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In this volume Sonata No. 4, in D major, has a lively opening movement in a kind of ‘two-part invention’ texture; at one point it takes the violin up to seventh position. Then comes a march-like air, followed by a slow sarabande, a gigue-like movement, and a massive final chaconne in cut time (chaconne à deux temps) employing a bass pattern identical with one used in Vivaldi’s Dixit Dominus, RV 594, Couperin’s trio sonata L’Espagnole and the first strain of the Aria in Bach’s Goldberg Variations.Sonata No. 5, in A minor, opens with a wistful slow movement with much contrapuntal interaction between treble and bass. The quick second movement is in Italian giga style and includes some double-stopping for the violin. The slow movement that follows leads directly into the fourth movement, a French gavotte with a running quaver bass. The piece ends with a giga-like movement in 9/8 – a moto perpetuo for the violin supported by a slowly moving bass.Sonata No. 6, in D minor, is the high point of the set. Its quickish first movement features almost non-stop imitation between violin and bass. The second movement is corrente-like, and the third is a sarabande with some fierce saccadé rhythms. The fourth movement is a French courante with a 6/4 time signature that frequently dips its toes into 3/2 metre. Unexpectedly, the second-time ending of its second section is extended to form a bridge to the final movement, an elaborate and imposing chaconne en rondeau that sets the seal perfectly on the collection.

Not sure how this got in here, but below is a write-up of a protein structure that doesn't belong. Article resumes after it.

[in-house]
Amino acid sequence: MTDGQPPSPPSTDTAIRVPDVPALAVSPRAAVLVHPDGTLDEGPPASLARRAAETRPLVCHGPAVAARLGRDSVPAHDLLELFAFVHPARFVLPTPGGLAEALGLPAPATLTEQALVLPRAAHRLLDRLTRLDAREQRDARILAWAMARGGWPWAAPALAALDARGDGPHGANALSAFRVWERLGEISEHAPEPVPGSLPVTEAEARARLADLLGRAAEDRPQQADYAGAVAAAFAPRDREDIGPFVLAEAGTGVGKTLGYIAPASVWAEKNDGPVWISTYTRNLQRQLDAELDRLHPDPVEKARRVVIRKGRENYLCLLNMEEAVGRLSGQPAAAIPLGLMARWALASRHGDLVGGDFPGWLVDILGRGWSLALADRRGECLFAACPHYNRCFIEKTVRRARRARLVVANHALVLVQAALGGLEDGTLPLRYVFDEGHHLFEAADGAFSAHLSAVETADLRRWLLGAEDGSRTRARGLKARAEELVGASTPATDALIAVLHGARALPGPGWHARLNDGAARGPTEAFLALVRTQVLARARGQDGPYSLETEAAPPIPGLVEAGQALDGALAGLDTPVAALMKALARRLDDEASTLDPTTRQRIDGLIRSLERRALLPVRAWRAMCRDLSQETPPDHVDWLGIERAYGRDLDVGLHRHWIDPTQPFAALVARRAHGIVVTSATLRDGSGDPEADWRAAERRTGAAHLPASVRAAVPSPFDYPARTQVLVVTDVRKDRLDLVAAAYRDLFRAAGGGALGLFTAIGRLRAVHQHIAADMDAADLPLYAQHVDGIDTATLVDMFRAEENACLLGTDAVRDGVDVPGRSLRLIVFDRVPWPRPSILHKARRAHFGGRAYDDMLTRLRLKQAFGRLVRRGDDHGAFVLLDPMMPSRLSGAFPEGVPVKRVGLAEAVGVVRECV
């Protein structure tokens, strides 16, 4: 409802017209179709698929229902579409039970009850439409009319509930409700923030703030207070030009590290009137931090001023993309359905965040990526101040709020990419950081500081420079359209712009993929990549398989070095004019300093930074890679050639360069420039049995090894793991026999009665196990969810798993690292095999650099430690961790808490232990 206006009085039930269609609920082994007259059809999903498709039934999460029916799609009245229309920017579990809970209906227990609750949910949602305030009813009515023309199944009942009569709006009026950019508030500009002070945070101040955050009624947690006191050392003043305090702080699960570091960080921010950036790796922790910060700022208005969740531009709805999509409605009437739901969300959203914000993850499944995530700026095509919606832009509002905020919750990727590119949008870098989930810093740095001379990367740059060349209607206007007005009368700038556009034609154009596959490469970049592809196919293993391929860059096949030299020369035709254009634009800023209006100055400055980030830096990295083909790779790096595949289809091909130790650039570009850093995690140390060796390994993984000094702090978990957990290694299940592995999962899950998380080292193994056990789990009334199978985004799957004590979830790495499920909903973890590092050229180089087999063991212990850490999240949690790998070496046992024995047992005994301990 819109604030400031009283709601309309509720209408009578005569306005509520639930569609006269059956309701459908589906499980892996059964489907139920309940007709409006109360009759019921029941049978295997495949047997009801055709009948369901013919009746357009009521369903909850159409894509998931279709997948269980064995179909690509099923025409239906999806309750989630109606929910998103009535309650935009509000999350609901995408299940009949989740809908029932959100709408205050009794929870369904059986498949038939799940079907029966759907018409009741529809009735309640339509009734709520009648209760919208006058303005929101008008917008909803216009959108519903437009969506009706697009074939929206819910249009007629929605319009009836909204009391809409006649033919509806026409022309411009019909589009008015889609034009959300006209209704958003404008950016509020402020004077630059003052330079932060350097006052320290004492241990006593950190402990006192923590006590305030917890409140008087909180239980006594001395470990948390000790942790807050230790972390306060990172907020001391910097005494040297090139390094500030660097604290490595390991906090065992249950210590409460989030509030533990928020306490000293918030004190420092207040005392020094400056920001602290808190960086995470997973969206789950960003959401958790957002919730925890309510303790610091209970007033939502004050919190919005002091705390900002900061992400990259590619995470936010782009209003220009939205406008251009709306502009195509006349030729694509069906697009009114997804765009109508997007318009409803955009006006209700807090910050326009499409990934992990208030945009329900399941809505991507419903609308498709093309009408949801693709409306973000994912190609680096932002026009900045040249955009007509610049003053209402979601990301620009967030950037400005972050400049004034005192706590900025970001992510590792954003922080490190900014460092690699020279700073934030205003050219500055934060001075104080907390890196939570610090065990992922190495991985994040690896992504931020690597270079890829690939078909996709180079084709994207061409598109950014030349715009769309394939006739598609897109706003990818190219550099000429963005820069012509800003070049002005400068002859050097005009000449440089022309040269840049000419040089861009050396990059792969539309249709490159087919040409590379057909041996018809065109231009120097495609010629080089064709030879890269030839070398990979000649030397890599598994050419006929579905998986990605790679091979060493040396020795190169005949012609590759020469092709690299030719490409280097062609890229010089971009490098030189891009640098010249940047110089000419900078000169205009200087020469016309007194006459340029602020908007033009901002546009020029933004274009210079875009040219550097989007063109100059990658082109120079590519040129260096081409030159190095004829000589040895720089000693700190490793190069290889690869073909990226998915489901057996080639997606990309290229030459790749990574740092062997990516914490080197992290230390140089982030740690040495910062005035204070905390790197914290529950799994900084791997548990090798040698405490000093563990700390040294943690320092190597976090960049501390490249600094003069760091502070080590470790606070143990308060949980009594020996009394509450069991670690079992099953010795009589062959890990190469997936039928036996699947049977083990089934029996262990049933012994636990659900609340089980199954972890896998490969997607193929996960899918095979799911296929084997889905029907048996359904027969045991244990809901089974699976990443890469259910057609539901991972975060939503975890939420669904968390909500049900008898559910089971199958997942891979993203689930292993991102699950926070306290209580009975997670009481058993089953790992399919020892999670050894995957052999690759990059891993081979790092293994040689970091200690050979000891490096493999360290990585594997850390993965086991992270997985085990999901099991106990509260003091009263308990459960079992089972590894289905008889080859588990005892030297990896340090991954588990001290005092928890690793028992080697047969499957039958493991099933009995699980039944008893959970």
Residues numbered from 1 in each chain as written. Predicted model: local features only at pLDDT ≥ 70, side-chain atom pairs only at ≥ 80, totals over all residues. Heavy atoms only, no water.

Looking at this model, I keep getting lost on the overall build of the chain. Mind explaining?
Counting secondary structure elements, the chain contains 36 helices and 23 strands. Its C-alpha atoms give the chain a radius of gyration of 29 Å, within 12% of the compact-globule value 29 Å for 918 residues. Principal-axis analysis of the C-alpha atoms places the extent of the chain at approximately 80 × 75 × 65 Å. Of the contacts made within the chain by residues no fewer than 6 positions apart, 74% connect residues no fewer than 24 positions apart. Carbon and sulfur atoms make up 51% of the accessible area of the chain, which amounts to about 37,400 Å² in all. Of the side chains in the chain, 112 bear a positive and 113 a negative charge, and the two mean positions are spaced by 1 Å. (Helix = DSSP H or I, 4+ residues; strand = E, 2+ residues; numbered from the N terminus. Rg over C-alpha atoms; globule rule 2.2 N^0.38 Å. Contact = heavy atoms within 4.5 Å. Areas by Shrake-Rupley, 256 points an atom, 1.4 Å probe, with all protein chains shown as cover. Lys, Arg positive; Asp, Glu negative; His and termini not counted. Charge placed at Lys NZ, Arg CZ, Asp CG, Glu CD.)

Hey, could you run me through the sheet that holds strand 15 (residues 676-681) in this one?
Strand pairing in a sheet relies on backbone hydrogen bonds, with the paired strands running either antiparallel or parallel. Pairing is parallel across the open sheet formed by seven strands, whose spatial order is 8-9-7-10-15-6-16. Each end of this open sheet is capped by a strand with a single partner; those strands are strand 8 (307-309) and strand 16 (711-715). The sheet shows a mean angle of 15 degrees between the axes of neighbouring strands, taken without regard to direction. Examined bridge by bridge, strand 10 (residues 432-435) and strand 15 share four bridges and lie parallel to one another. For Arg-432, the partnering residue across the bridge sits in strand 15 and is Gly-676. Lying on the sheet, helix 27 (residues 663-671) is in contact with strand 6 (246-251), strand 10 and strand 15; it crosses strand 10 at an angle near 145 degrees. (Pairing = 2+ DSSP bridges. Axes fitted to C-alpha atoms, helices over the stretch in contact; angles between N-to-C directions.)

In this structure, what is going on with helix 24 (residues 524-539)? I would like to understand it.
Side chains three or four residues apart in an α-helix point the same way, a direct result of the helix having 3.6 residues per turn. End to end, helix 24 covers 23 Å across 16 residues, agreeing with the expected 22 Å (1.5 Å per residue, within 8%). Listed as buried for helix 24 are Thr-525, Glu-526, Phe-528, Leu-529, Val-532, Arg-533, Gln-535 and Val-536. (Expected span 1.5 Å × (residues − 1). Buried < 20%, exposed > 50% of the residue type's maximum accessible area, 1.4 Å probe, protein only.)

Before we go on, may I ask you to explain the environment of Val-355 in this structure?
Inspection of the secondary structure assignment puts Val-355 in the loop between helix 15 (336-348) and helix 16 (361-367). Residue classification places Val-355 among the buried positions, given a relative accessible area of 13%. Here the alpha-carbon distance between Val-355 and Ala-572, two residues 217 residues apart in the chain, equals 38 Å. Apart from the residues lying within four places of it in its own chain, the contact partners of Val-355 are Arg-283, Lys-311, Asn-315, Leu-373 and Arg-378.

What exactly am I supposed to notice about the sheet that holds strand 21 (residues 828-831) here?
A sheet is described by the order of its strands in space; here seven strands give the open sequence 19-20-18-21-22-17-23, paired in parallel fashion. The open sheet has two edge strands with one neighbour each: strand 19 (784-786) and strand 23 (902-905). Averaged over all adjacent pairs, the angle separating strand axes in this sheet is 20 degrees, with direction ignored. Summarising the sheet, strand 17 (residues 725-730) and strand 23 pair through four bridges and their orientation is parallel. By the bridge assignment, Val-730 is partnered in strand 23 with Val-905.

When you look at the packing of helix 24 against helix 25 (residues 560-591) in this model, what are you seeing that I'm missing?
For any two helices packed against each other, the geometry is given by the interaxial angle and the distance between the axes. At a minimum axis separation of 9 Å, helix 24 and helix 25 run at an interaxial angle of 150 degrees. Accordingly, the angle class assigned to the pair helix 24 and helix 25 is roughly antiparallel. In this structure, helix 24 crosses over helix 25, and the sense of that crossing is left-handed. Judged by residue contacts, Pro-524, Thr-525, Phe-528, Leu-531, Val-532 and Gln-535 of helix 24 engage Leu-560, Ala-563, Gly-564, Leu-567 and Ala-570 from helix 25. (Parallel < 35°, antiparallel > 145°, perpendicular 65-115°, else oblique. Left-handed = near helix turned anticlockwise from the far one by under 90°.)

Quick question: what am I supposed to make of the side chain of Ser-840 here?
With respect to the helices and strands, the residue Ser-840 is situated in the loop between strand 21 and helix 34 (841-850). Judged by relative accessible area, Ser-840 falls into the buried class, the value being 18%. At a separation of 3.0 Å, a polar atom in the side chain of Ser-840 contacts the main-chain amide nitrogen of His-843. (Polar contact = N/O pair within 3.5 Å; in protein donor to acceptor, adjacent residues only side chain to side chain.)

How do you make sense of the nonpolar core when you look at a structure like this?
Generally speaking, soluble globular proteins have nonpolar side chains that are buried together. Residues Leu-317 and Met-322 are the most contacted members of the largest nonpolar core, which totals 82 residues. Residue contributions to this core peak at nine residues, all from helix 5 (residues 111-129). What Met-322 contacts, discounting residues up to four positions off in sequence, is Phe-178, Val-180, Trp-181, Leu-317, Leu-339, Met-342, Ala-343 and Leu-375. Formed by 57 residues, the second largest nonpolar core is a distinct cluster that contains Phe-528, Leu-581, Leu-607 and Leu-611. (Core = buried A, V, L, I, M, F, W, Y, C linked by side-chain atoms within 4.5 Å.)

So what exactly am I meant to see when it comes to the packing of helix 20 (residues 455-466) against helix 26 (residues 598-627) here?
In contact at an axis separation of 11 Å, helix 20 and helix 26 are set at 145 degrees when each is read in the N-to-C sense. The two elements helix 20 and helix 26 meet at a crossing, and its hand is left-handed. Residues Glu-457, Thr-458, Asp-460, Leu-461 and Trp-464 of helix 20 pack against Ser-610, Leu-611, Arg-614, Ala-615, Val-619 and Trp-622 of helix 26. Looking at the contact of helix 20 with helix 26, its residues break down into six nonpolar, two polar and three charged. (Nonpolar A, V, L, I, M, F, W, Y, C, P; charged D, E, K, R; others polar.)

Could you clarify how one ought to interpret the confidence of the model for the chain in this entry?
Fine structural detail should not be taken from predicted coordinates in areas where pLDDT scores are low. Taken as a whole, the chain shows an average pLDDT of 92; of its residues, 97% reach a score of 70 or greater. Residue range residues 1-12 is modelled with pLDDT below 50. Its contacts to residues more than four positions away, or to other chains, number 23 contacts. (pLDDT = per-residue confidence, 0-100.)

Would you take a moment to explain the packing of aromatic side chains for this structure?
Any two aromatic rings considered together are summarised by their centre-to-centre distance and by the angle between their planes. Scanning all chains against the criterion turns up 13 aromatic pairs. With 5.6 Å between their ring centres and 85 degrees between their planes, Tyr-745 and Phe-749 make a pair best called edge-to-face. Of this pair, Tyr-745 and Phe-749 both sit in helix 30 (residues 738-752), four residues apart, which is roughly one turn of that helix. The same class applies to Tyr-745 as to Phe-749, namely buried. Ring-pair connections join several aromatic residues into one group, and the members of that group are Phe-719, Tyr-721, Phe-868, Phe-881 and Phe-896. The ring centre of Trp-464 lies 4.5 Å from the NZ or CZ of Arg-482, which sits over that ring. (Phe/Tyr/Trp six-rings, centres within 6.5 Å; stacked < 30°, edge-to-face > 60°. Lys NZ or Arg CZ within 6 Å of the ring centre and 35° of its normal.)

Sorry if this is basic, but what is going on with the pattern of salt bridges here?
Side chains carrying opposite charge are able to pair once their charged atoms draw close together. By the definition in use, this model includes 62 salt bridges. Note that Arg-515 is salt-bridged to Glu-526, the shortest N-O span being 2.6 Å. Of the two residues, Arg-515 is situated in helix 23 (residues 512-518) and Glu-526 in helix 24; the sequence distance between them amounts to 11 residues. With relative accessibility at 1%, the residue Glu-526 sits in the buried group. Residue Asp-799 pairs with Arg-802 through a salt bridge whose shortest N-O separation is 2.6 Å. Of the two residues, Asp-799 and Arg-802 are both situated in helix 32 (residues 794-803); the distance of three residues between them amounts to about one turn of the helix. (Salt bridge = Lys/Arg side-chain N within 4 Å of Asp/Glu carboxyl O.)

Music example Sonata 4 (pdf)
Music example Sonata 5 (pdf)
Music example Sonata 6 (pdf)